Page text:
Fort Plain-native musician speaks up about mental health

Half of the brother-sister band Jocelyn and Chris Arndt opens up on experiences with anxiety
Jocelyn Arndt
PHOTOGRAPHER:
Jocelyn Arndt

Jocelyn Arndt is well-known for her powerful voice. As half of the brother-sister band Jocelyn and Chris Arndt, she’s belted out intense lyrics and melodies that range from raw to sinuous in front of thousands of fans. 

But lately, she’s been using her voice to speak up about mental health. 

In a video published by NowThis earlier this month, Arndt opened up about her experiences with anxiety, something she’s only recently come to grips with. 

“I started realizing that my nerves were basically getting in the way of my enjoyment of music, which is the absolute opposite of what should be happening. The music should be the release,” Arndt said. 

Arndt has been performing with her brother since they were in elementary school, growing up in Fort Plain. She always got nervous before shows but she thought that was normal, something that everyone probably experienced. 

However, things changed after she graduated high school and started studying at Harvard, where her brother was also accepted a year later.  

“Looking back, if I could trace my anxiety, I think it probably started to really ramp up in college just because things were getting a little crazier on the music side and school work was not letting up. There was a lot of stress and I don’t think I handled it as well as I probably could have and that had to do with my own brain was playing tricks on me,” Arndt said. 

While her mind went through vicious cycles of worry and self-doubt, Arndt would fidget; sometimes tapping her feet moving her hands.

Sometimes shortly before shows, Arndt would bite her nails until they bled. 

Her symptoms got more intense when life got busy; when the balancing act of music, school, and everything else got harder to perform. Arndt told herself that everything would get better once she’d graduated, once she didn’t have to worry about school work.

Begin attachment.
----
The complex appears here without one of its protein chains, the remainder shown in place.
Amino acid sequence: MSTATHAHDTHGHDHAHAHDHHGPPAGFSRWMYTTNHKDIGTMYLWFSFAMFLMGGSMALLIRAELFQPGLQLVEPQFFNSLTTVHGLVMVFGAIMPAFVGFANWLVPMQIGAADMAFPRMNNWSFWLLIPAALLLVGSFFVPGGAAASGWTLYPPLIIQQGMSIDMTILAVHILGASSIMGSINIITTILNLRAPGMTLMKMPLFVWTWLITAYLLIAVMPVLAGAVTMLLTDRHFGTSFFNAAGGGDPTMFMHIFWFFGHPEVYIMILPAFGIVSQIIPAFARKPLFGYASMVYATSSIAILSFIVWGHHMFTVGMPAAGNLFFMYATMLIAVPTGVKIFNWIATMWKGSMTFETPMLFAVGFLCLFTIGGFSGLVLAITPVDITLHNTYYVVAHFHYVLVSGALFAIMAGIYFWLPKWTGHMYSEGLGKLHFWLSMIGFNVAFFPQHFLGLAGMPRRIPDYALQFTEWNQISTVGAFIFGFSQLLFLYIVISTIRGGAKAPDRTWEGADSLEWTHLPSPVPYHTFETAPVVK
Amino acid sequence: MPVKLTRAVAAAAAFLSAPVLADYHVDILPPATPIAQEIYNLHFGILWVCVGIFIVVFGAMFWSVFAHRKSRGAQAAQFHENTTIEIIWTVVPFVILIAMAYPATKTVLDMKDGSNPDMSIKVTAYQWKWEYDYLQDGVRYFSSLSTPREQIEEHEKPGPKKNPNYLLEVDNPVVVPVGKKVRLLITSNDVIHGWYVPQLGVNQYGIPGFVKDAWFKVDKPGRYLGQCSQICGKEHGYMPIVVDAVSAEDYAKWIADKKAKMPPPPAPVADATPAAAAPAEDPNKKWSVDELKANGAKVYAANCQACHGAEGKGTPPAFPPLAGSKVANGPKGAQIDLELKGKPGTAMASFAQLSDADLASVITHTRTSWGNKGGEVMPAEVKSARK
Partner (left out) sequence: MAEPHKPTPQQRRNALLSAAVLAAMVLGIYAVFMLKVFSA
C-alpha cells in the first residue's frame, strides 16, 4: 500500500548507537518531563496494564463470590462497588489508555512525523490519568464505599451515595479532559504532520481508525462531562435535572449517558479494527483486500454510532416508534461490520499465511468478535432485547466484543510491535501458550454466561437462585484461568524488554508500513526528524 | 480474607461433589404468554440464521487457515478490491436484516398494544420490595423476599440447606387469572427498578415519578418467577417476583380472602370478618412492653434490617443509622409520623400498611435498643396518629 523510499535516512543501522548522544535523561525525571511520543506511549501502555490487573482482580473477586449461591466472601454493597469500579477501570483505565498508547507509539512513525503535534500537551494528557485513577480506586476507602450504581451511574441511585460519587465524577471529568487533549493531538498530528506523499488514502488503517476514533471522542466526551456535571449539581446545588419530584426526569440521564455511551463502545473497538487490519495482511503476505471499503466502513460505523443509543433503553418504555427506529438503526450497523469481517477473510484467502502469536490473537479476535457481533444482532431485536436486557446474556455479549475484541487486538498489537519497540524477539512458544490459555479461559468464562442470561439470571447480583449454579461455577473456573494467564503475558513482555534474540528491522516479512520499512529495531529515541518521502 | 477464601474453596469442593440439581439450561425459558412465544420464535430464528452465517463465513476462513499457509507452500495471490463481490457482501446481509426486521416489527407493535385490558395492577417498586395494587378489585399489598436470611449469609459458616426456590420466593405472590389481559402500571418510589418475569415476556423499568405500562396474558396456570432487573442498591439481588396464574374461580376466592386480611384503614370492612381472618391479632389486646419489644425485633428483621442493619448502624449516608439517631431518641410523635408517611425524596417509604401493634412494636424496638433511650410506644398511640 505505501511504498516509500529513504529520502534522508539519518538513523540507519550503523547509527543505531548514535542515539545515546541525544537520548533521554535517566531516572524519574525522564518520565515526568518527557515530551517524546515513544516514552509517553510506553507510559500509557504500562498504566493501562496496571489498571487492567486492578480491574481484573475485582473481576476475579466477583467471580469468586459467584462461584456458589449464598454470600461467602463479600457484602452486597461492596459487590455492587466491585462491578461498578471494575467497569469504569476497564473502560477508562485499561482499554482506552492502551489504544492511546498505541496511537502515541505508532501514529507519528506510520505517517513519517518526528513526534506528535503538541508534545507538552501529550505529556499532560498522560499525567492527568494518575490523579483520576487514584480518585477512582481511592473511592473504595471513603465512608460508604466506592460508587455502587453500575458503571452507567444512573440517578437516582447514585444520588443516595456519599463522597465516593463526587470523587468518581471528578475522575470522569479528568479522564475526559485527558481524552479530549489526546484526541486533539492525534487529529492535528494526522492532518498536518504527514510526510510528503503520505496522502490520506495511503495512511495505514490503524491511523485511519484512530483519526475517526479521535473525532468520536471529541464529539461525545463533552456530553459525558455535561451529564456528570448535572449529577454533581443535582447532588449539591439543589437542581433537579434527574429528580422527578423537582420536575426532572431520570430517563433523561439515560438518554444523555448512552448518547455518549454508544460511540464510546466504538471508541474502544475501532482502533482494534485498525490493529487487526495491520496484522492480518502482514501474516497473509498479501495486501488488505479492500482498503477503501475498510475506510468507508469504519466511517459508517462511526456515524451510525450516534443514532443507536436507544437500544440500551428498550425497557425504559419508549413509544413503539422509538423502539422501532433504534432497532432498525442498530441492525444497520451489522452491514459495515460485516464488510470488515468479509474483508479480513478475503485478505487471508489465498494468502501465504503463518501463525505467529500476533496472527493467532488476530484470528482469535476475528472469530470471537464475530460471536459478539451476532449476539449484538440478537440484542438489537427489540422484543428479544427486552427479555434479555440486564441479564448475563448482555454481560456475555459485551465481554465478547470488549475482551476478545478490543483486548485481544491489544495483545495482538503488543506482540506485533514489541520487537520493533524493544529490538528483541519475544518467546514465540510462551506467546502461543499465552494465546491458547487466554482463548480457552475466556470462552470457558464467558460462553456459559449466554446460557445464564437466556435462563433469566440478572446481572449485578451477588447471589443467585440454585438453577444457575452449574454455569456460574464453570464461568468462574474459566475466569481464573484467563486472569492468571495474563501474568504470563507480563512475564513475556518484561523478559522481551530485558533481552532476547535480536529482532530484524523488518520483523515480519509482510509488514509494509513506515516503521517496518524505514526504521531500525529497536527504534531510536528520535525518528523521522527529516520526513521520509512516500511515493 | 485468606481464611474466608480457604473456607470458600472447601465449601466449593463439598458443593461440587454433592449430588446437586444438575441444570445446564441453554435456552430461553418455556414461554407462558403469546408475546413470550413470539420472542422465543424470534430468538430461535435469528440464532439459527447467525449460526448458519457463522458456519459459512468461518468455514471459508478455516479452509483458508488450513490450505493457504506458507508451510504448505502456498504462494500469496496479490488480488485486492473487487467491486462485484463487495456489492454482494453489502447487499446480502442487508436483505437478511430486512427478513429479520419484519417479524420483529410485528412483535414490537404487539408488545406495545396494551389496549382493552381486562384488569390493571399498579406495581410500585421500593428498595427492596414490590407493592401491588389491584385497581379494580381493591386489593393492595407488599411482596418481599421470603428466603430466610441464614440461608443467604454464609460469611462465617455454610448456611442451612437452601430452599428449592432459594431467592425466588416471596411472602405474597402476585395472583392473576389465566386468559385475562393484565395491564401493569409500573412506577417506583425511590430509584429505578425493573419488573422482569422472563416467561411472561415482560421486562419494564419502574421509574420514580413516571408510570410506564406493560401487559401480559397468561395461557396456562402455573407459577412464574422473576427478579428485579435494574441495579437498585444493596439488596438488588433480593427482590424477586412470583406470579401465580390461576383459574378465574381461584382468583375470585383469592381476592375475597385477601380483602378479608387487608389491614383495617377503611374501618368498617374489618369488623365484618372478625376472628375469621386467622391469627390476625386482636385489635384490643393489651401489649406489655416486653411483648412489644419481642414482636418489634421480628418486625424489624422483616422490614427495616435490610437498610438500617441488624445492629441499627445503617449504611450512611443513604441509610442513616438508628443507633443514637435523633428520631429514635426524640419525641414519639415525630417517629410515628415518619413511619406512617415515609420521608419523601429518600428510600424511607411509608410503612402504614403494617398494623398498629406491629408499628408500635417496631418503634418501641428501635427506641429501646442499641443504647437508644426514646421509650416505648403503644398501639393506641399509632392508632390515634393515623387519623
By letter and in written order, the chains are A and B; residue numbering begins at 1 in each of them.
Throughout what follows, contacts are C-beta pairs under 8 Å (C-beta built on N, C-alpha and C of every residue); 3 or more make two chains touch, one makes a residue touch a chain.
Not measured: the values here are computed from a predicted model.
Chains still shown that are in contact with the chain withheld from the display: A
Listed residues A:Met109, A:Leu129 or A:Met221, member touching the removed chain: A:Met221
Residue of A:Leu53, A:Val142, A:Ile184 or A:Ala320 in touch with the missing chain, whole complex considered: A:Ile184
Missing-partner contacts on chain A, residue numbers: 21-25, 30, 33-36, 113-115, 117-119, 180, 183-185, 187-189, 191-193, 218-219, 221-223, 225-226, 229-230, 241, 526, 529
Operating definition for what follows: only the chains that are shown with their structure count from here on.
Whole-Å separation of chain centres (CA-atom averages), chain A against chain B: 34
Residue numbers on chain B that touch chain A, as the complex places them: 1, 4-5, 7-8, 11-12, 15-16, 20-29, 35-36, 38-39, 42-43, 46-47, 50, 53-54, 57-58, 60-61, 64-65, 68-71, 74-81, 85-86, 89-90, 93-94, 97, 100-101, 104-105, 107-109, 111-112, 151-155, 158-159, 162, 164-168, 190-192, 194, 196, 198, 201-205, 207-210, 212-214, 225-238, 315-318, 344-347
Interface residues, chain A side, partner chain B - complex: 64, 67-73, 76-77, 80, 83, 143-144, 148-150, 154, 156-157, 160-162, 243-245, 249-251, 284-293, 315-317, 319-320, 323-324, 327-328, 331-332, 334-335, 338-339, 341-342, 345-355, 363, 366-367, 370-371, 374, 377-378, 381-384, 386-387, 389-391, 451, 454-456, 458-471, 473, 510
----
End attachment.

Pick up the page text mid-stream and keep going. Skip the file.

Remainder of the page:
Not just nerves 

But in 2017, after she graduated from Harvard, her symptoms didn’t go away. She could no longer chalk it up to nerves or a busy schedule.

Arndt realized that what she was actually experiencing wasn’t nerves, but an anxiety disorder. While most people experience occasional anxiety at some point in their lives, those who have an anxiety disorder experience the symptoms much more frequently. According to the Anxiety and

Depression Association of America, anxiety disorders are some of the most common mental health disorders. In the United States, they affect around 40 million adults over the age of 18. 

“It’s gotten a lot better since I owned up to the fact that I have anxiety because I’m able to start to recognize when I’m going down that hill and make conscious steps to stop myself,” Arndt said. 

Her brother has also been helpful in managing it.

KIKI VASSILASKIS Jocelyn and Chris Arndt
KIKI VASSILASKIS
Jocelyn and Chris Arndt

“He’s awesome at picking up when I’m stressed out before I know,” Arndt said, “With Chris’ help, I’ve been able to start transforming routines that used to stress me out and turn them into de-escalation routines.”

It helps to put on headphones and get lost in a Queen song, to go for a walk or to write lists. One thing that’s really helped is writing out the setlist shortly before a show. 

More from this week: Our top stories Feb. 23-March 1, 2019

“Writing lists [and] writing in general, the act of my hand moving on a paper helps me and it gives my hands something to do other than biting my nails,” Arndt said. 

But even with these techniques, there are still tough days. 

“I would say that super busy times tend to bring it out just because I start to get paranoid that I’m getting behind and then my brain starts going in a cycle of ‘You’re not getting things done, so this isn’t going to happen,’ but I tend to have to work myself down from that ledge,” Arndt said. 

Opening up

Lately, there’s been a national push to destigmatize mental health. Earlier this month, during her Grammy acceptance speech, artist Lady Gaga used her platform to discuss the importance of talking about mental health.